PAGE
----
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Critical Path

f, 15 g, 17 i, 6 b, 8 d, 13 c, 5 e, 9 j, 12 h, 9

a, 6

A critical path consists that set of dependent tasks (each dependent on the preceding one), which together take the longest time to complete. One way is to draw critical path tasks with a double line instead of a single line. The critical path for any given method may shift as the project progresses; this can happen when tasks are completed either behind or ahead of schedule, causing other tasks which may still be on schedule to fall on the new critical path

PERT

PERT is based on the assumption that an activitys duration follows a probability distribution instead of being a single value Three time estimates are required to compute the parameters of an activitys duration distribution: pessimistic time (tp ) - the time the activity would take if things did not go well most likely time (tm ) - the consensus best estimate of the activitys duration optimistic time (to ) - the time the activity would take if things did go well Mean (expected time): te =

tp + 4 tm + to

6

2

Variance: Vt =W2 =

tp - to

6

PERT analysis

Draw the network. Analyze the paths through the network and find the critical path. The length of the critical path is the mean of the project duration probability distribution which is assumed to be normal The standard deviation of the project duration probability distribution is computed by adding the variances of the critical activities (all of the activities that make up the critical path) and taking the square root of that sum Probability computations can now be made using the normal distribution table.

Probability computation

Determine probability that project is completed within specified time x-Q Z= W where Q = tp = project mean time W = project standard mean time x = (proposed ) specified time

PERT Example

Immed. Optimistic Most Likely Pessimistic Activity Predec. Time (Hr.) Time (Hr.) Time (Hr.) A -4 6 8 B -1 4.5 5 C A 3 3 3 D A 4 5 6 E A 0.5 1 1.5 F B,C 3 4 5 G B,C 1 1.5 5 H E,F 5 6 7 I E,F 2 5 8 J D,H 2.5 2.75 4.5 K G,I 3 5 7

D

C B F G I K

PERT Example

Activity

A B C D E F G H I J K

Expected Time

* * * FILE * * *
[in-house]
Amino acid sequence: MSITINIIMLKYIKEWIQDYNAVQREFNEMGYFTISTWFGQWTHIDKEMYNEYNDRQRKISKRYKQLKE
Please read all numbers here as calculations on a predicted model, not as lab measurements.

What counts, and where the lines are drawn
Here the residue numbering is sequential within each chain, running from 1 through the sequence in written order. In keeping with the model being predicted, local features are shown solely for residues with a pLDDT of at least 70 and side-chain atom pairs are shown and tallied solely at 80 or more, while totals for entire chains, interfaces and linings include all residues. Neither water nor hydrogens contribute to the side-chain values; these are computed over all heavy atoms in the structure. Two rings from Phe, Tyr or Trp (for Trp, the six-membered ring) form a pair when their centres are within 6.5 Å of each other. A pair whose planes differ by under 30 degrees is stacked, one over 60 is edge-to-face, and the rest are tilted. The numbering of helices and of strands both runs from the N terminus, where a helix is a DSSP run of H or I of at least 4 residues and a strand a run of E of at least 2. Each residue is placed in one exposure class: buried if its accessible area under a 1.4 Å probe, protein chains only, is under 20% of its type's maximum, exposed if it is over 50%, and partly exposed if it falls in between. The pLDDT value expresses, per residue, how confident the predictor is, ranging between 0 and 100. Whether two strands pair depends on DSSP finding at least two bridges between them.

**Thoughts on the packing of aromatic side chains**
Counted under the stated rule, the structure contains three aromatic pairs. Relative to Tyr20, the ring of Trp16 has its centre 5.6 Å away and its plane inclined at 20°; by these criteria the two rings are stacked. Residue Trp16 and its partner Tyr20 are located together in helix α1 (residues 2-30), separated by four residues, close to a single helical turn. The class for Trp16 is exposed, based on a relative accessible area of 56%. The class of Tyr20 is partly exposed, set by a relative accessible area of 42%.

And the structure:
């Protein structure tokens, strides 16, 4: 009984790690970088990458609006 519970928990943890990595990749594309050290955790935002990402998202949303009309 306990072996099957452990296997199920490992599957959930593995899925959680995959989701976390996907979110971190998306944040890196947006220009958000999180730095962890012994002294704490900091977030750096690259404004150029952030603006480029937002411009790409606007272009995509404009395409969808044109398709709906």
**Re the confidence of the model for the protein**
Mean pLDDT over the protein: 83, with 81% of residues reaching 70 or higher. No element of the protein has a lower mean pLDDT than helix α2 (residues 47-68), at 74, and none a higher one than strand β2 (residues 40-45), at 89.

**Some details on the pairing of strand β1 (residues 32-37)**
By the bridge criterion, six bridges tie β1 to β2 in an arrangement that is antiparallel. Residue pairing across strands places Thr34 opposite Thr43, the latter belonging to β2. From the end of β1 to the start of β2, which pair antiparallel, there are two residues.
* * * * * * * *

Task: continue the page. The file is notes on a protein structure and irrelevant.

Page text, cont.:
6 4 3 5 1 4 2 6 5 3 5

Variance

4/9 4/9 0 1/9 1/36 1/9 4/9 1/9 1 1/9 4/9

PERT Example

Activity ES

A B C D E F G H I J K 0 0 6 6 6 9 9 13 13 19 18

EF

6 4 9 11 7 13 11 19 18 22 23

LS

0 5 6 15 12 9 16 14 13 20 18

LF

6 9 9 20 13 13 18 20 18 23 23

Slack

0 *critical 5 0* 9 6 0* 7 1 0* 1 0*

PERT Example Vpath = VA + VC + VF + VI + VK = 4/9 + 0 + 1/9 + 1 + 4/9 = 2 Wpath = 1.414 z = (22 - 23)/W!(22-23)/1.414 = -0.71 From the Standard Normal Distribution table: P(z < 0.71) = .5 + .2612 = .7612

Tail Event and Head Event Earliest Start, Earliest Complete Latest Start, Latest Complete Critical / Non-Critical Status Total Float, Free Float Scheduled Start, Scheduled Complete Actual Staffing, Duration, and Variable Costs

We will then use Task Secondary Properties to generate Project Management Tools:

Gantt Chart (Project Schedule) Manpower Chart Expenditure Curves Project Completion (PC)

Must strictly enforce all prerequisite relationships. Number of events is initially unknown Critical path is initially unknown Iterative Process Try to minimize number of Dummy Tasks

CPM Hint #1

Add or remove events at your pleasure. Do not number events until last.

CPM Hint #2

The initial event is the Tail Event for all tasks which have empty prerequisite sets (Initial Tasks). The Final Event is the Head Event for all tasks which are not members of any prerequisite set (Final Tasks).

CPM Hint #3

Tasks which have identical prerequisite sets have the same Tail Event

CPM Hint #4

Starting with the Final Tasks, work backwards, enforcing the smallest prerequisite sets first. Use Dummy Tasks to enforce any prerequisites in large sets which have already been enforced in a smaller set.

Remove all redundant Dummy Tasks Remove all redundant Events Number all remaining events Not really finished . . havent identified critical tasks yet.

Task Symbol Tail Event Head Event Task Duration (TD)

Forward Pass: Determine Earliest Start (ES) and Earliest Complete (EC) for each Task

For all Initial Tasks, ES = 0 Once ES is Determined, EC equals ES plus TD. The ES for all tasks with tail [i] is equal to the largest value of EC for all tasks with head [i]. PC is the largest value of EC for all Final Tasks.

Backward Pass: Determine Latest Start (LS) and Latest Complete (LC) for each Task

For all Final Tasks, LC = PC Once LC is Determined, LS equals LC minus TD. The LC for all tasks with head [j], is equal to the smallest value of LS for all tasks with tail [j]. At least one Initial Task must have LS = 0; none may be negative.

Determine Total Float (TF): Allowable delay in start of task which will not delay Project Completion

For task with tail [i] and head [j], TF[i,j] = (LC[j] ES[i]) TD[i,j] ES[i] is earliest start for all tasks with tail [i]. LC[j] is latest complete for all tasks with head [j].

Determine Free Float (FF): Allowable delay in start of task which will not delay start of any other task.

For task with tail [i] and head [j], FF[i,j] = ES[j] - ES[i] - TD[i, j] = ES[j] - EC[i,j] If [j] is the final event, use PC for ES[j]

All Tasks with zero Total Float are Critical. Any delay in these Tasks will delay Project Completion. Darken these Tasks to finish CPM Diagram.

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